Happy Friday! Megan here.
A personal note: It's my grandmother's birthday today, the third my family is celebrating without her after her death in June 2020. She was a relentless gift-giver (and not too shy to admit she liked receiving gifts, to0). It was 100% her love language.
- Why am I telling you this? Because one way I like to remember her is by getting small gifts for people I love today, and I want to invite you to do the same. Venmo a friend $5 for a fun coffee, or grab a candy bar for a coworker. Or just tell the folks you love that you love them because life is short. ❤️
Back to our regular programming ...
Weather check: A bit rainy this weekend with a warm sunny Sunday
This weekend, you'll get smart about the future of downtown and learn about some new tech coming to downtown parking. Plus, we'll give you a roundup of local events to hit.
And now, news:
Get smart about the 2035 downtown plan with Dustin Powers
Dustin Powers is the city's business development coordinator, and he's the main man behind-the-scenes of Sioux Falls' downtown 2035 plan. We caught up with him to talk about what's next for downtown and learn about that one time folks almost tore down the Old Courthouse Museum to put up a parking lot.
Answers are direct quotes from Powers and have been edited for length and clarity.
How did you ‘get smart’ about city planning/development? – i.e. what in your background or in your own research/activities prepared you for your job today?
My college degree is in community and regional planning which prepared me with the foundation to effectively plan for a community.
- Every community is different. Living and working in Sioux Falls, learning the historic context of the city, being observant and listening to the community has given me the knowledge and vast background to support the community’s planning and development efforts.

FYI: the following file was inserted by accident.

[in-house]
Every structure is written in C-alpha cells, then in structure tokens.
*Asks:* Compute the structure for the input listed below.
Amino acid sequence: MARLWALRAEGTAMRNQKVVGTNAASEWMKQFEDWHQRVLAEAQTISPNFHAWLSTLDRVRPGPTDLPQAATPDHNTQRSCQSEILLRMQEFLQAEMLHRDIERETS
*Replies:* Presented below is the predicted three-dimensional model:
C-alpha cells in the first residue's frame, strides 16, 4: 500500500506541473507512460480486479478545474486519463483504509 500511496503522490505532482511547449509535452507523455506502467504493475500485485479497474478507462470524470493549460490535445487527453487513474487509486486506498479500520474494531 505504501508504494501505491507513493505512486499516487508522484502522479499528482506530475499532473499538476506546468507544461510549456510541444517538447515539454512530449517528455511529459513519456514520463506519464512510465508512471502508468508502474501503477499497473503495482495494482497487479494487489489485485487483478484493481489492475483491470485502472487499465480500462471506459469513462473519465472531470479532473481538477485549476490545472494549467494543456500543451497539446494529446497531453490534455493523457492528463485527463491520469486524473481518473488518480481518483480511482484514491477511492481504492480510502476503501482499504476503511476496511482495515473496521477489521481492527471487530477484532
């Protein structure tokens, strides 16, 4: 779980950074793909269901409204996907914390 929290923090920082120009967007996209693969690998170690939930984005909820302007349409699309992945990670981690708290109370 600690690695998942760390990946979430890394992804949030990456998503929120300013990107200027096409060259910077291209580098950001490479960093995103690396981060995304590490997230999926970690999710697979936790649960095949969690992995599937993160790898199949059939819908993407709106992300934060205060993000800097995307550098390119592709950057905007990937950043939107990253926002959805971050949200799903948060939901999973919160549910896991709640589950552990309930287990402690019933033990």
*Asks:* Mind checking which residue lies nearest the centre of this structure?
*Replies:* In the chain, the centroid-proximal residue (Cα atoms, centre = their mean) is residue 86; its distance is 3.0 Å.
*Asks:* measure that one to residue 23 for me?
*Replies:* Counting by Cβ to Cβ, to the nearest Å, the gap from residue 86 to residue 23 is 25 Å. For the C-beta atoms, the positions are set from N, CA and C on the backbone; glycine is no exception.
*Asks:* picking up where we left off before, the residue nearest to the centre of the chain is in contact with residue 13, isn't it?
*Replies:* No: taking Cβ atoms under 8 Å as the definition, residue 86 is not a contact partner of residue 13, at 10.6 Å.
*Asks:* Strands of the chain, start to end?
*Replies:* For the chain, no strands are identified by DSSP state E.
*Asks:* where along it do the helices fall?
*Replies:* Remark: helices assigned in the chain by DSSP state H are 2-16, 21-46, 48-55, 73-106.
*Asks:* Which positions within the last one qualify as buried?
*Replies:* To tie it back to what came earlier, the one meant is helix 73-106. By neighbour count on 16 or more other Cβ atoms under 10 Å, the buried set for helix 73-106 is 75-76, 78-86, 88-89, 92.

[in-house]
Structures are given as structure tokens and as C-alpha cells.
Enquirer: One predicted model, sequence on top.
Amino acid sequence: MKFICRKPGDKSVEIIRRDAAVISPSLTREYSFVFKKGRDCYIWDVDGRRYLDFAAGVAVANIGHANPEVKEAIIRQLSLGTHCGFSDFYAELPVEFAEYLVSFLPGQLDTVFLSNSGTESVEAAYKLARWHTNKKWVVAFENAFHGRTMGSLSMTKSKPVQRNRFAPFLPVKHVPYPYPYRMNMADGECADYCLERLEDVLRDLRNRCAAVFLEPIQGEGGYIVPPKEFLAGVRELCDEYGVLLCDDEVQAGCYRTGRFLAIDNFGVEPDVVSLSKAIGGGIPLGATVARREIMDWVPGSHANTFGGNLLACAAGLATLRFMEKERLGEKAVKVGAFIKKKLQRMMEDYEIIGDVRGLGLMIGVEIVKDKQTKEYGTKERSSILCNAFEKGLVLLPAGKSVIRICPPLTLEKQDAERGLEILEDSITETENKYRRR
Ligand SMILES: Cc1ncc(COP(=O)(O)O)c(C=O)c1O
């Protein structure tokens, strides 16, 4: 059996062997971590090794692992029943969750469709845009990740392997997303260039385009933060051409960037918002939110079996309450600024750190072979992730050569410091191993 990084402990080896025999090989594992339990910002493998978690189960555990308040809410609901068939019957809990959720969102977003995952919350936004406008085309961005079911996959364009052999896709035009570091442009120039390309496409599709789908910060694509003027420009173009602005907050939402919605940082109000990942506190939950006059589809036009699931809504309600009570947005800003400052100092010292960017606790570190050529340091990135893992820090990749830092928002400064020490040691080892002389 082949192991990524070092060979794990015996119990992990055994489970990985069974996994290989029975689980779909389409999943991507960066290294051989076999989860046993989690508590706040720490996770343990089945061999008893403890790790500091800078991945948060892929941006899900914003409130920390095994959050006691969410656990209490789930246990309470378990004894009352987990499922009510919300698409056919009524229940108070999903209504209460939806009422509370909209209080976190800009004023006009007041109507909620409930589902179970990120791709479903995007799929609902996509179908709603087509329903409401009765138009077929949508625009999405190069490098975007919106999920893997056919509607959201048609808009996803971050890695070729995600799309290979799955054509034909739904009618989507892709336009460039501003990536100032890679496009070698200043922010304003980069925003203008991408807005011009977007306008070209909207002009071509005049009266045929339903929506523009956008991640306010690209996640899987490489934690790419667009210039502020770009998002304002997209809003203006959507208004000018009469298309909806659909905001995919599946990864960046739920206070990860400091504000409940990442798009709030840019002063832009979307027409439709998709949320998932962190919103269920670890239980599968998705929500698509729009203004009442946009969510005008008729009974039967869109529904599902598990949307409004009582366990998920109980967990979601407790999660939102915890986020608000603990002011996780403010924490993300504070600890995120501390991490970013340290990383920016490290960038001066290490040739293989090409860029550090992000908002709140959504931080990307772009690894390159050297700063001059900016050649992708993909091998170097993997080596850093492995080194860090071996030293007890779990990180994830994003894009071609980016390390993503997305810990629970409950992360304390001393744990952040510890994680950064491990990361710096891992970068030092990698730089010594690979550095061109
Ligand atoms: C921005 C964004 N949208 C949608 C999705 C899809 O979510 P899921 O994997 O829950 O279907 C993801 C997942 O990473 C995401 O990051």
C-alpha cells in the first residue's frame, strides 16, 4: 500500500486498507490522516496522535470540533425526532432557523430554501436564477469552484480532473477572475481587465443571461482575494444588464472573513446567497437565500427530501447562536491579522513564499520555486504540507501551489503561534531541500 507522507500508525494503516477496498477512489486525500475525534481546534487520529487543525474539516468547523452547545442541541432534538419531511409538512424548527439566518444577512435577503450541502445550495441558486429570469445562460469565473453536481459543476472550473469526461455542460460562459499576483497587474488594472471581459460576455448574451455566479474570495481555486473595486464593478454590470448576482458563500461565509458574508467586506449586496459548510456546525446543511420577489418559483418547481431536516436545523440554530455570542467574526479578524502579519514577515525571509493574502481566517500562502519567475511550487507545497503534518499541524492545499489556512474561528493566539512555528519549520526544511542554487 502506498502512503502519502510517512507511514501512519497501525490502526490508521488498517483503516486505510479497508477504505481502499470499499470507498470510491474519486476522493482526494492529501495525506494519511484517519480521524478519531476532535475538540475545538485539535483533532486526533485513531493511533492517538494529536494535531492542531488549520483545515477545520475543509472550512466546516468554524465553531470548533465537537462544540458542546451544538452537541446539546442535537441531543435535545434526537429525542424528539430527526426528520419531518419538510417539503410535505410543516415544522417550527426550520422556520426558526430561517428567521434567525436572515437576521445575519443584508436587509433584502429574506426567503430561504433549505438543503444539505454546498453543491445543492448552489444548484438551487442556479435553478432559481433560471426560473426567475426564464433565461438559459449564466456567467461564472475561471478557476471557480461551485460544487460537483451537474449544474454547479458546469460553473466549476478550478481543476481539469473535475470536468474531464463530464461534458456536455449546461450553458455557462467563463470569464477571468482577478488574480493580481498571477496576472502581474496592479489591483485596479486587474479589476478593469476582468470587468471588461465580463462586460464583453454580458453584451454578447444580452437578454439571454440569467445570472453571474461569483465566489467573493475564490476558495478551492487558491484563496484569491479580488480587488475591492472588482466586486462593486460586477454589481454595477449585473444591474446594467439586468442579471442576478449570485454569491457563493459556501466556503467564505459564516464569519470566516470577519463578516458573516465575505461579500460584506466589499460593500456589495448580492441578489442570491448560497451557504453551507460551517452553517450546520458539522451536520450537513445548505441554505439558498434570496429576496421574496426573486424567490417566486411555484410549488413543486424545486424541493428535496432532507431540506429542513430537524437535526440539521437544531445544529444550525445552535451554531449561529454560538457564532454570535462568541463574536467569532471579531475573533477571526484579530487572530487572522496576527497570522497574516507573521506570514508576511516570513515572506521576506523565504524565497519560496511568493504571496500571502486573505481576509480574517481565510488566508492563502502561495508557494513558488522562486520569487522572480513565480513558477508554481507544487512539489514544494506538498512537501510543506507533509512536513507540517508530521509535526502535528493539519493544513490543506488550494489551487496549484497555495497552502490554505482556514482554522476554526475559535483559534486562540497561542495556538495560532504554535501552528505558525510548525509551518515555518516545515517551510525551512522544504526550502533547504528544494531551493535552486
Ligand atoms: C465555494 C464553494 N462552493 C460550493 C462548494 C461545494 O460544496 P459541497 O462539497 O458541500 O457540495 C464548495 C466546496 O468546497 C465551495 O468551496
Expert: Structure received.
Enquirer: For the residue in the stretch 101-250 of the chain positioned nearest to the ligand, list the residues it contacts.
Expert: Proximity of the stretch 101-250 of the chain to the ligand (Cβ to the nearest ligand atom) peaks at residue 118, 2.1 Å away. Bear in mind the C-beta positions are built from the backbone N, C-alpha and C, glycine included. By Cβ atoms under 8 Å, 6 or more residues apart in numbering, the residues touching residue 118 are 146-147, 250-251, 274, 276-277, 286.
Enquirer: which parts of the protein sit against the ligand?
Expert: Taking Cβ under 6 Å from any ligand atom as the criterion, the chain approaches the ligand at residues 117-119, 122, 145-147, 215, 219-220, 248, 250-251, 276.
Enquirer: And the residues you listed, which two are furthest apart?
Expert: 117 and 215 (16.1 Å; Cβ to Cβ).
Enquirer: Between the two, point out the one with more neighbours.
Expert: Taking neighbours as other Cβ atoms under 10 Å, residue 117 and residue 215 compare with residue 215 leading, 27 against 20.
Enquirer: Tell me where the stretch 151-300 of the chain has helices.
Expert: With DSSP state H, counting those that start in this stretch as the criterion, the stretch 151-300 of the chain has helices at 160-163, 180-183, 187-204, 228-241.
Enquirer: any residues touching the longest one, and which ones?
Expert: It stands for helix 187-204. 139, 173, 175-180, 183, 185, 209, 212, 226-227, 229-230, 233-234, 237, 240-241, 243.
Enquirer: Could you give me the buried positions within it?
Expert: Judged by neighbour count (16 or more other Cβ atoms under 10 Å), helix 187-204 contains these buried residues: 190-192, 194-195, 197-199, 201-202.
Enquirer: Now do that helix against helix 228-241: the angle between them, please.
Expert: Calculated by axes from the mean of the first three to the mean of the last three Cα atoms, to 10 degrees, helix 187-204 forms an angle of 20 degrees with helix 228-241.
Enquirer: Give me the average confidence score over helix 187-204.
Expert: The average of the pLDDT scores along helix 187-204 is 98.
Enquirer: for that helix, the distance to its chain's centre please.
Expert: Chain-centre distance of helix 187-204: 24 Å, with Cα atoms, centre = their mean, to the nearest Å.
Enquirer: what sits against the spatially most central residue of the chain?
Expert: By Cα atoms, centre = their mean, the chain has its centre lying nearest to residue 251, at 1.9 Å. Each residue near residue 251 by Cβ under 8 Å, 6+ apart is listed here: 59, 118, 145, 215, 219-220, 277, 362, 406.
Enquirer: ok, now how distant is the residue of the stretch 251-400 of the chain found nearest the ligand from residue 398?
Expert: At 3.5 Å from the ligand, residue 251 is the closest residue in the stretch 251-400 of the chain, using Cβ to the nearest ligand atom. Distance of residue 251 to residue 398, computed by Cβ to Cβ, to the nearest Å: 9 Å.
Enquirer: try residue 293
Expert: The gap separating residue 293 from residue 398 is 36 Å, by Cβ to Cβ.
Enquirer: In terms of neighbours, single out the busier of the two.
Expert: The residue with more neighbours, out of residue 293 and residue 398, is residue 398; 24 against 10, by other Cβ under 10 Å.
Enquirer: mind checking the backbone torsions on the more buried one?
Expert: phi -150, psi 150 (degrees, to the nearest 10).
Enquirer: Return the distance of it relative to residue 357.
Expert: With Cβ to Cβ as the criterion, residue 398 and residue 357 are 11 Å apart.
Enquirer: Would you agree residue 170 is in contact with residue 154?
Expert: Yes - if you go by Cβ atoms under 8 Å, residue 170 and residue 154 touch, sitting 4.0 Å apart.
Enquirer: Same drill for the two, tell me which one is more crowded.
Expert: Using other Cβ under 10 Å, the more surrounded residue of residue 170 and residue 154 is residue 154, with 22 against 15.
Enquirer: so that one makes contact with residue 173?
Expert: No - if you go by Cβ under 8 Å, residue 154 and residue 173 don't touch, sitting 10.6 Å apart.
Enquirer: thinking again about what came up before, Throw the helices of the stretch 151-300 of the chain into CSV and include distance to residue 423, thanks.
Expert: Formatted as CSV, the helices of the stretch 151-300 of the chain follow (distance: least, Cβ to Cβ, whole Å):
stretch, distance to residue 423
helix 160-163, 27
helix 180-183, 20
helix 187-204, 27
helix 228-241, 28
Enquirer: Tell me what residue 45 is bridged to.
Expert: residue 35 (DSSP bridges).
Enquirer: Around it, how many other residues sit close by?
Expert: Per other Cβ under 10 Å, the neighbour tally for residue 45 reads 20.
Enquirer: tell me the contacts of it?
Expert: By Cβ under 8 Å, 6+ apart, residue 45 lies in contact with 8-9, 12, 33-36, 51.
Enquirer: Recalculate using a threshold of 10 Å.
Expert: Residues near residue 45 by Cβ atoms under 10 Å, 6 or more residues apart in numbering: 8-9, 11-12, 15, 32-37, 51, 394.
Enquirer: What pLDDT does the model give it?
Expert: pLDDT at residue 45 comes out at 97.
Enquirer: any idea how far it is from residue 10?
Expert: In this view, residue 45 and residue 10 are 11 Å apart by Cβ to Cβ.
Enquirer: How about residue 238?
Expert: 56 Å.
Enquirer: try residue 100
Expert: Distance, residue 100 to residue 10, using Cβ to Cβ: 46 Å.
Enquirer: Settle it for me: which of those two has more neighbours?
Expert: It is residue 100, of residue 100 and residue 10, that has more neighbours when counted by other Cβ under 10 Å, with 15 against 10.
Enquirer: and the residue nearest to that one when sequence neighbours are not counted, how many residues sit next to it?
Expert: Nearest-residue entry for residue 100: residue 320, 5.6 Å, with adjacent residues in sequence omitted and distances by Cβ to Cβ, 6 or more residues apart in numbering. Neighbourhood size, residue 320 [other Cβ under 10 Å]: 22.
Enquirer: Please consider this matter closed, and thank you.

We’re all about simplicity here. Can you describe what the goal of the Downtown 2035 plan is in 10 words or less?
To set the community’s 2035 vision for downtown.
What’s something people most often misunderstand about downtown planning in the city? (And, if you could politely correct them, what would you say?)
Our downtown plans are not just plans for city government, but are plans that reflect the aspirations of the community members who get involved through the engagement processes.
- These plans not only guide future public decisions but private investment as well.
If you could personally pick one new feature to bring to downtown, what would it be?
I would love to see a year-round indoor public market.
Click here for the full interview.
How Valley Springs is preparing for growth
This is a paid piece from the Sioux Metro Growth Alliance.
Simplified: Valley Springs has been upgrading infrastructure and planning for new houses as the metro area continues to grow. Here's what you need to know.
Why it matters
- Valley Springs has invested about $6 million into infrastructure projects in recent years between sewer upgrades and a project to connect the two wells currently serving the area.